Now having worked as Technical Director for a web application vendor, for 7 special years, I can’t remember the number of times people used to ’get tough’ with us about the performance of our web application under load. The fact was, that with any web application, heavy load is always going to mean that some sort of ’special’ & ’Not-so-off-the-shelf’ configurations would be called for. And these special configurations would obviously cost time and money to develop and tailor to the customers requirements, and hence the customers disgust at discovering a painful side effect of success in Web 2.0 life.
This of course is a problem which curses any person running off the shelf web products, content management systems, shopping carts etc. Suddenly your site gets a little on the busy side, and your server turns to treacle. It’s natural to want to blame the server guys. And of course the server guys blame the software guys. Sound familiar?
And so we get a call from someone having (what we like to refer to as) ’success’ challenges with a shopping cart package called ’X-Cart’. Basically they found it slow. So slow, that for large periods of time, even viewing the homepage (forget buying) involved making tea. Lots of it. The server people say the servers fine. PHP on the server is fine. What is going on?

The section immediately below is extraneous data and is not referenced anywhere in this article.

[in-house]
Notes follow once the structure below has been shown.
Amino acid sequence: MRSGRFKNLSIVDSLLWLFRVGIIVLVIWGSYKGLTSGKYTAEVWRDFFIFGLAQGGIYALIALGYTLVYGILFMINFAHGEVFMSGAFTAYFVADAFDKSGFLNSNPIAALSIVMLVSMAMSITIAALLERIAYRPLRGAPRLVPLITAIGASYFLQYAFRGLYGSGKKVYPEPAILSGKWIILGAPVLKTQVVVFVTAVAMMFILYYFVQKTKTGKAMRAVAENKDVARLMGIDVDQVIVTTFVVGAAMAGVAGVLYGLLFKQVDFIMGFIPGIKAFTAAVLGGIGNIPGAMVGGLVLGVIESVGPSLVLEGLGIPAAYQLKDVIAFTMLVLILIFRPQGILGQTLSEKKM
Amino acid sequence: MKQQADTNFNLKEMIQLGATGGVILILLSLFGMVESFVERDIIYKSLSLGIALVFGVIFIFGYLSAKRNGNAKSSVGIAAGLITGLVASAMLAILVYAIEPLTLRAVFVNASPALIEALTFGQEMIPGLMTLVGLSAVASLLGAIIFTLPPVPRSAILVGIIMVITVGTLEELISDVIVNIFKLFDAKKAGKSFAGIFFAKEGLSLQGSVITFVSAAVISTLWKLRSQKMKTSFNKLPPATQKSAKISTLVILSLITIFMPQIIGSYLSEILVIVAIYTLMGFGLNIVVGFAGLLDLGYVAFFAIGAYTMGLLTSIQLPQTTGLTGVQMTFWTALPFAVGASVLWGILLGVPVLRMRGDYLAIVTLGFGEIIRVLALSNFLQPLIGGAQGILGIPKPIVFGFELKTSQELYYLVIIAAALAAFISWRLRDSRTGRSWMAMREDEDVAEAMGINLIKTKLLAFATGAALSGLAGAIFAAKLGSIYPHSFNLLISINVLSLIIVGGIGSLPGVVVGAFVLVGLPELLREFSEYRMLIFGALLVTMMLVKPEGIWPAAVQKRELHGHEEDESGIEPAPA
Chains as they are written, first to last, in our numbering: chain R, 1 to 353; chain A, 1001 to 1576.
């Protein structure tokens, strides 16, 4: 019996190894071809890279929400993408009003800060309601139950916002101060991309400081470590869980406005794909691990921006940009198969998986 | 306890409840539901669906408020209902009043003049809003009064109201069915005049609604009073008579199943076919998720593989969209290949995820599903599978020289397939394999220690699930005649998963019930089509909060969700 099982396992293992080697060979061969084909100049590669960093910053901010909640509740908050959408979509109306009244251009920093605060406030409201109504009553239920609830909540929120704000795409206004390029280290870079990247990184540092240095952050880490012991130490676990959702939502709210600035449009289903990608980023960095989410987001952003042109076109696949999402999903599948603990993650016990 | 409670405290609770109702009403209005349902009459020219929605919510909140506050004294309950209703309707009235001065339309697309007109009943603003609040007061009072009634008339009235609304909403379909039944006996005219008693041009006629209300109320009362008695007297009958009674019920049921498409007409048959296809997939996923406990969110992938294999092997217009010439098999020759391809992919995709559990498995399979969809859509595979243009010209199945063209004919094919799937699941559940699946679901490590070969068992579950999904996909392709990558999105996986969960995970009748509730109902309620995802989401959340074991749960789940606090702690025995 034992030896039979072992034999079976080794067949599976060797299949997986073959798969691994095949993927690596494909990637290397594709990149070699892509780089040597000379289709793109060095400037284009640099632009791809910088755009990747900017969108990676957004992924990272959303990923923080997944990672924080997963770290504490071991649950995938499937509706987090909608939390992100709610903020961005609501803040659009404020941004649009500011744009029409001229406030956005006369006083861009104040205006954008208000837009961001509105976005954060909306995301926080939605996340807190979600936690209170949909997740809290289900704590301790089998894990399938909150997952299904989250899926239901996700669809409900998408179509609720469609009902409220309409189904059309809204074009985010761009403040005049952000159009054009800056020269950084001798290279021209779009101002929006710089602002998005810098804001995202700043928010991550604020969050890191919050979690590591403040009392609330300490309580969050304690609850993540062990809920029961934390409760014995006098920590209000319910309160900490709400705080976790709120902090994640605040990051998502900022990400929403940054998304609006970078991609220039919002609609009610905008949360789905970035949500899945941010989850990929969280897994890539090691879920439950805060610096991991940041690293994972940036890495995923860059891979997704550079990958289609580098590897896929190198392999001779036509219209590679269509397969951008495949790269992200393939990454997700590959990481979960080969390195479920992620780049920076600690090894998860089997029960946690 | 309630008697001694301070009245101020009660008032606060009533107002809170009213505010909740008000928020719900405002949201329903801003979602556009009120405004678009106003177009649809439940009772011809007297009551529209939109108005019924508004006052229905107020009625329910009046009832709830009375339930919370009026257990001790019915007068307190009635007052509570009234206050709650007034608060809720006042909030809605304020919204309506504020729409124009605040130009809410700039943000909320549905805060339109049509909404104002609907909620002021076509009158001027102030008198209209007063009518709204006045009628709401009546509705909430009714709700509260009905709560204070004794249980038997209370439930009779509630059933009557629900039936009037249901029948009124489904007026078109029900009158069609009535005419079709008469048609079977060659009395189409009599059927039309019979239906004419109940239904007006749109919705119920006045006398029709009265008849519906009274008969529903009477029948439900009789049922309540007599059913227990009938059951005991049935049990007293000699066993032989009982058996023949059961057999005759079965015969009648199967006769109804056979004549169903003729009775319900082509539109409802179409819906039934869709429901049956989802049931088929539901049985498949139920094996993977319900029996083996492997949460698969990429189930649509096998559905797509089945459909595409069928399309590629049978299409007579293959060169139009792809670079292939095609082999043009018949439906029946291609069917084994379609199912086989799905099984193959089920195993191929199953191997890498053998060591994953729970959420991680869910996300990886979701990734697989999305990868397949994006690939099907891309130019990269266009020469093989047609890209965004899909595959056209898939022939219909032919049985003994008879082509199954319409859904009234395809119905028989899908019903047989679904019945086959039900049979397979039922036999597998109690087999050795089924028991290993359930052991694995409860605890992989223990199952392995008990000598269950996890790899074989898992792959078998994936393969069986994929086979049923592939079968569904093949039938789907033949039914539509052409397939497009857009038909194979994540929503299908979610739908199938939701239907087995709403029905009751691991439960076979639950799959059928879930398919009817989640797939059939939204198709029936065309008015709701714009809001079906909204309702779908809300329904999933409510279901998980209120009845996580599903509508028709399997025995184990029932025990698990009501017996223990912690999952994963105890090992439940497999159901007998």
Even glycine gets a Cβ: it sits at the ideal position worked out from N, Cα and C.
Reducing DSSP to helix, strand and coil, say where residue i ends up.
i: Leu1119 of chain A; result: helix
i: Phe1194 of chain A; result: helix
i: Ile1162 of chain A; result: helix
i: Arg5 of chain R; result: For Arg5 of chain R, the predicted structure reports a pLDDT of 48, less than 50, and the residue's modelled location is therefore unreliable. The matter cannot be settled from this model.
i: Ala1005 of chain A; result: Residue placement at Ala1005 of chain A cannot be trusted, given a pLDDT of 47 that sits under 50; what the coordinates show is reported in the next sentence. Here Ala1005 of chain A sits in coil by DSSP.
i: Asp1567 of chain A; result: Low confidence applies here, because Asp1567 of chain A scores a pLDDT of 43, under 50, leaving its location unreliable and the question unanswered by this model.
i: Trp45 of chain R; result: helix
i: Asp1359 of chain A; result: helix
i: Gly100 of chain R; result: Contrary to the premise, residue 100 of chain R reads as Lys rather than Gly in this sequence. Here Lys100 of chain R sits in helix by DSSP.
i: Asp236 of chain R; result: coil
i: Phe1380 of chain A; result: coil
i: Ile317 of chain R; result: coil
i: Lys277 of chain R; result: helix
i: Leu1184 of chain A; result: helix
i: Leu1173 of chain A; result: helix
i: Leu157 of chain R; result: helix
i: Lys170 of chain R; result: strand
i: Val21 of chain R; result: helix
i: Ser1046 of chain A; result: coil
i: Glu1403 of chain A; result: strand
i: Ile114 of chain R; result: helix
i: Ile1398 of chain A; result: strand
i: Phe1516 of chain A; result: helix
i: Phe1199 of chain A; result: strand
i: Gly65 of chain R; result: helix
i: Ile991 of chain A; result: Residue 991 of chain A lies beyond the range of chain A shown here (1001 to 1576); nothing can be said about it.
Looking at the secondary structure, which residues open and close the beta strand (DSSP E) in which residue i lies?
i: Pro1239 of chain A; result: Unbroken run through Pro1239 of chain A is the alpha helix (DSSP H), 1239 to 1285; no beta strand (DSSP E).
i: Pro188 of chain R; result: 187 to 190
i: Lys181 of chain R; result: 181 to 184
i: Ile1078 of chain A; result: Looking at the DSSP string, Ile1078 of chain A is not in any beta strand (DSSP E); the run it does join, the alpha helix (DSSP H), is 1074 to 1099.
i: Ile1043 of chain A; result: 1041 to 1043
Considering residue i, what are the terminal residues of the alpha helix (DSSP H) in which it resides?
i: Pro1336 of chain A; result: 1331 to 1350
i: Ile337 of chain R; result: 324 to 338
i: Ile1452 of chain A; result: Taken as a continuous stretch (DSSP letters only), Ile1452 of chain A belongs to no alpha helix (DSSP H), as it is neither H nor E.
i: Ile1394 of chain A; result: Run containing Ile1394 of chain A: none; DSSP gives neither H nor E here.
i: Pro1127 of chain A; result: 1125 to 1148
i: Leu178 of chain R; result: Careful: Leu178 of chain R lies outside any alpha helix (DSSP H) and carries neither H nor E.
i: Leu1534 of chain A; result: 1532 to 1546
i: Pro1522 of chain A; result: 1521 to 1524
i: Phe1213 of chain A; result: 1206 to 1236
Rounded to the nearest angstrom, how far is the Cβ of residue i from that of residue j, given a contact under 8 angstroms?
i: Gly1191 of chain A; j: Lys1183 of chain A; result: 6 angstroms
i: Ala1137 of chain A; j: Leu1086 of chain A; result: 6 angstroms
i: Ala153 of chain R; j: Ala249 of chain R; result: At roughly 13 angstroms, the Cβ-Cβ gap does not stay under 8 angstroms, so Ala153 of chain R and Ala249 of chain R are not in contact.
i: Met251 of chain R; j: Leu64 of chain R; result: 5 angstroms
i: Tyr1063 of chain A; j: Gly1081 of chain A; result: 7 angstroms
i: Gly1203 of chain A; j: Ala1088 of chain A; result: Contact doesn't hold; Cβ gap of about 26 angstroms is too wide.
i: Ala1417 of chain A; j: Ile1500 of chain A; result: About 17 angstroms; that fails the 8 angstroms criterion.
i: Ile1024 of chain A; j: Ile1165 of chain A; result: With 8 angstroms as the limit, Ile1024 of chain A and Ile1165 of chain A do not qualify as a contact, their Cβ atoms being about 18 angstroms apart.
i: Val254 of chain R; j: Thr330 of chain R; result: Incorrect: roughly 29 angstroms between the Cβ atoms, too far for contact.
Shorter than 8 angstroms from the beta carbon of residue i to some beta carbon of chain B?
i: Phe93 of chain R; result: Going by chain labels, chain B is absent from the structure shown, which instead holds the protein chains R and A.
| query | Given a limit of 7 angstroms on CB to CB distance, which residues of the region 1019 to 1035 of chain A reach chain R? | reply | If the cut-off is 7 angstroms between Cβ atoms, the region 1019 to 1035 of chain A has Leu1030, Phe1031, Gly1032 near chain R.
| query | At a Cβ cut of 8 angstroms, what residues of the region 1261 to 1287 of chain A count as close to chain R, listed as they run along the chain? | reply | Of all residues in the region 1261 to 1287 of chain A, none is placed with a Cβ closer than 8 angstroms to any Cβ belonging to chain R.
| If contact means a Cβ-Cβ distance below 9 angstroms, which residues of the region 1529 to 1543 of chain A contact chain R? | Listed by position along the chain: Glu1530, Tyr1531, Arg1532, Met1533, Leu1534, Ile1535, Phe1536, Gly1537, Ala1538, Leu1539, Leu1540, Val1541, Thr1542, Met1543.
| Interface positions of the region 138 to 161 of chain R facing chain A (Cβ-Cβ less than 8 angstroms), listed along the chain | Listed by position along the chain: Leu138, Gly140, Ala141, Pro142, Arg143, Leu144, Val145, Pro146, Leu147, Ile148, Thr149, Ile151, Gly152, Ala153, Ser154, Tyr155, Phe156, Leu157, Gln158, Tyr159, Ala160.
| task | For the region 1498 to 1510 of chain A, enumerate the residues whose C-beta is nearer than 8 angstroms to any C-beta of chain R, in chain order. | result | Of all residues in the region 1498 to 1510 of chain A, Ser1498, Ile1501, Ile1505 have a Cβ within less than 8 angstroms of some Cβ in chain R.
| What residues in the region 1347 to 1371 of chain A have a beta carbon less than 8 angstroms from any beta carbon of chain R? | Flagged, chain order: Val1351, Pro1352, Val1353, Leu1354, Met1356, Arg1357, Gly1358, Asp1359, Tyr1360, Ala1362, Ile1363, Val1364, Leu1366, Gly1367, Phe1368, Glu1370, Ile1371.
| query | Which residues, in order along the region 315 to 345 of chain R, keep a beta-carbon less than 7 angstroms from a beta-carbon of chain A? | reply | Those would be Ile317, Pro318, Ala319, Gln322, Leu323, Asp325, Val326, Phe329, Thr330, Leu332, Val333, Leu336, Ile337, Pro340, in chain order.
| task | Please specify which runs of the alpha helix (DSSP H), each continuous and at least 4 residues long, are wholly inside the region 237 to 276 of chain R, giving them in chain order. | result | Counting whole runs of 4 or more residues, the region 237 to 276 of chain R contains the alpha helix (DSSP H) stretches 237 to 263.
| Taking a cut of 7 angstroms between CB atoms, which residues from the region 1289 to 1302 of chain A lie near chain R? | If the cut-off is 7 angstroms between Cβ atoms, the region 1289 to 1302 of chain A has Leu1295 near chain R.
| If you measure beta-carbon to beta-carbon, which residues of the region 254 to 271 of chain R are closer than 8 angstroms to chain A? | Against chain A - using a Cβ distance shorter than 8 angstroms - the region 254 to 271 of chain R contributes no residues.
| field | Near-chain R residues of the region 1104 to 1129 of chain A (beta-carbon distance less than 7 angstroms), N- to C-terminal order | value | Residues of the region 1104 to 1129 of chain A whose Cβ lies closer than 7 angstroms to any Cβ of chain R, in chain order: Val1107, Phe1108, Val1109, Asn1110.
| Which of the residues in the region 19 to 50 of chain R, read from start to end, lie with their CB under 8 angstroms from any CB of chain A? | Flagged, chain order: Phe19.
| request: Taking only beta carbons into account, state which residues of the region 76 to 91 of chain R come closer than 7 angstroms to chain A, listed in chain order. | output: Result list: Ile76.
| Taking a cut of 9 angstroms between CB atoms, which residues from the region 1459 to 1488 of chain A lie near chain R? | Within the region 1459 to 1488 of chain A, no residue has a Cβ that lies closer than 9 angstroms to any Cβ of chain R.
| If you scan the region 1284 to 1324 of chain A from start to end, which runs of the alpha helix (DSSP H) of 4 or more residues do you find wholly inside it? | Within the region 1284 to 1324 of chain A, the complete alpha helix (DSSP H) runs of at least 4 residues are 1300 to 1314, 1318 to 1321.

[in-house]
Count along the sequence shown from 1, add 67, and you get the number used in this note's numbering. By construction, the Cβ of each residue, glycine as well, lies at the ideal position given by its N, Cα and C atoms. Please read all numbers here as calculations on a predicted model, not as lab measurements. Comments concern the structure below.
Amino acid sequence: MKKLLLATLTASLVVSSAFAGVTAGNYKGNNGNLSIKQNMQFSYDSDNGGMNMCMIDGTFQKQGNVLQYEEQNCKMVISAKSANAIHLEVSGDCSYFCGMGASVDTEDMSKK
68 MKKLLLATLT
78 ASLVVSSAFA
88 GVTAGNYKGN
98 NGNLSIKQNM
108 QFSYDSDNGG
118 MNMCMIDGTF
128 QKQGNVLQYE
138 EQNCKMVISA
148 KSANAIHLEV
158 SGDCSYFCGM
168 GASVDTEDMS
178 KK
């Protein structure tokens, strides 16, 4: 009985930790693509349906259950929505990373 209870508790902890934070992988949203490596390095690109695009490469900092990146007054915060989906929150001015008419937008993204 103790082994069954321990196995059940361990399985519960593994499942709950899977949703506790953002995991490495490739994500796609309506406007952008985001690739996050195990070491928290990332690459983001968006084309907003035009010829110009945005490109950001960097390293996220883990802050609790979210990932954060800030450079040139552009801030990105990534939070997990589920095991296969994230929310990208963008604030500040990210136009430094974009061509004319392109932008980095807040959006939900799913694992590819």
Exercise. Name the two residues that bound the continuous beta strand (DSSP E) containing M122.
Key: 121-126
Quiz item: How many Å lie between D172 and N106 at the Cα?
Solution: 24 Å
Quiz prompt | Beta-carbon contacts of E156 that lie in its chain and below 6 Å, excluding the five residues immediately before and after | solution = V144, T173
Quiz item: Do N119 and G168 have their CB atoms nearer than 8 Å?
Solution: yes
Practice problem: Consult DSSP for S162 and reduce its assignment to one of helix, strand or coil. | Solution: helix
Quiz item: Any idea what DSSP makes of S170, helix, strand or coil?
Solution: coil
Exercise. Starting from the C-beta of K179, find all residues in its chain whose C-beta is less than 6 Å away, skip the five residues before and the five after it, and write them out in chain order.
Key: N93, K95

After a quick pop into the sickly server in question, we could see that the issues were a little to do with the Application, a little to the Server - but a LOT to do with how requests were being handled between the two. In short, we are looking at a car crash - in a traffic jam.
So we bench X-Cart up in the lab environment. s per usual, we wanted to make this a control test, which is basically load testing the application with absolutely no tweaking of the core services such as PHP & MySQL. We are testing it right off the shelf. As expected, the ’off the shelf’ test of X-Cart didn’t impress.
As you can see in Fig.1 we’re looking at some pretty ’laggy’ scores here. Our ’rush test’ which subjected the applications to almost DOS levels of traffic (100 users with 2 new users every two seconds) managed 4 pages a second, 106 hits / second, and average throughput of 191kb/s and the